BioBrush Tiomatik by Tio Hydrophil All brushes are vegan-friendly and come from companies with great ethics

All brushes are vegan-friendly and come from companies with great ethics.
All have an above-average design and offer efficient, modern products thus working on getting close to what we seek here – Ethical Excellence.

Eco-friendly toothbrushes test: Biobrush BerlinBioBrush
Bristles:          Castor oil-based nylon
Body:              Bioplastic from woodworking industry waste (70%) and fossil plastic (30%)
Made in:         Germany
Design:           Ergonomic with several colour choices, slightly futuristic – holds several design awards; smaller sized head and rounded bristles
Price:              €2.99 for one brush (also available as a set of 12 at €28)
Packaging:     Compostable foil 96% plant-based
End of life:     Brush and foil – household waste or “Gelbe Tonne” (burns with a nearly neutral carbon footprint; bioplastic is not yet part of the recycling cycle, although recyclable)

Test drive:
BioBrush are the go-to brushes in the casa BEAUTYCALYPSE due to the comfortably small heads, the medium-soft bristles, the fine curved handles and of course – the colour options. Yes, it could be “greener” overall, but the same goes for most sustainable brushes out there. Having spoken to the founders, I am pretty sure they will include greener options once those are actually available.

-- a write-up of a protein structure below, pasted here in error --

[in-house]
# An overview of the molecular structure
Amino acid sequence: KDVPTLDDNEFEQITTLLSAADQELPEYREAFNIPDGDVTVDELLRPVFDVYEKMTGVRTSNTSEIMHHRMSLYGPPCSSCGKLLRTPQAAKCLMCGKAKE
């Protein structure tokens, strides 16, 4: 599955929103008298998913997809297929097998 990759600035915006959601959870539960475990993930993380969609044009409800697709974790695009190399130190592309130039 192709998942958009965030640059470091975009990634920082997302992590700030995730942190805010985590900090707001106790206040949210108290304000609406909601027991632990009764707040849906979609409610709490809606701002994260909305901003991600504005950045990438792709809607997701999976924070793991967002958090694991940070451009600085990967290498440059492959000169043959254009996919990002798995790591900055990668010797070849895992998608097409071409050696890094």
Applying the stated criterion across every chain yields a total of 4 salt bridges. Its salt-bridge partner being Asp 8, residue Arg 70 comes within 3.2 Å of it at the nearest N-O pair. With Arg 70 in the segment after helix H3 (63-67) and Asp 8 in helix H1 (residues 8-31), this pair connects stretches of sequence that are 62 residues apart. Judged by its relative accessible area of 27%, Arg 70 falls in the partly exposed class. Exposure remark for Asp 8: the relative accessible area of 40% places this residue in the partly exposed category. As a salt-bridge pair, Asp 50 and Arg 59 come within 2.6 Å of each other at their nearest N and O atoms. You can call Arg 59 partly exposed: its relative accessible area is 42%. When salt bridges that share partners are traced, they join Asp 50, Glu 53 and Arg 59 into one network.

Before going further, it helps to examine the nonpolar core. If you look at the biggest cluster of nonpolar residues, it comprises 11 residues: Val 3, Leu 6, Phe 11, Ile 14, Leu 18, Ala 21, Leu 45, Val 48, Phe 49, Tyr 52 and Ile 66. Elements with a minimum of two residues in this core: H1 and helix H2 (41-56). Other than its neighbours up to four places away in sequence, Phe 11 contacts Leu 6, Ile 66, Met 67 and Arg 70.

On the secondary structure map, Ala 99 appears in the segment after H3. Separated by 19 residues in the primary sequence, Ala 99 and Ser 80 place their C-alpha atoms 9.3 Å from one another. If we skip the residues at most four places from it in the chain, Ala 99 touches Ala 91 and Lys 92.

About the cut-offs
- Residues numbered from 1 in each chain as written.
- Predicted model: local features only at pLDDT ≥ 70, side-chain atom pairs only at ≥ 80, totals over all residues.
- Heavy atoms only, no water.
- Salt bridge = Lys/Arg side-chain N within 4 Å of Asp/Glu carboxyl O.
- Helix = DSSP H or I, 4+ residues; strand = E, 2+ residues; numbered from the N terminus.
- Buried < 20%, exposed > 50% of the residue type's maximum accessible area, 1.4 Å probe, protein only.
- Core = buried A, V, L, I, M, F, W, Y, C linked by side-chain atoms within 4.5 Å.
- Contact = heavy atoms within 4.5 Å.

So who is this brush for? This is the brush for all of you who can’t stand the sensation of a large wooden stick in their mouth (I know I can’t for too long, even though I was pleasantly surprised by the Hydrophil bought for this test as opposed to my first purchase years ago, but I digress). This is the sustainable brush for the design lover as well: available in solid colour only, the BioBrush can be all flashy in green, orange, cyan and purple-pink or satisfy your minimalistic eye in grey or white. A collab with My Magic Mud even yielded an all-black BioBrush that I am dying to get my hands on.
Yes, bioplastic is not quite the bees’ knees yet but for me, based in Germany, the shorter production ways and the emission-free waste incineration at the end of the product’s life weigh a lot into this purchasing decision.

Product review Tiomatik for electric toothbrushesTiomatik for electric toothbrushes
Bristles:          Castor oil-based nylon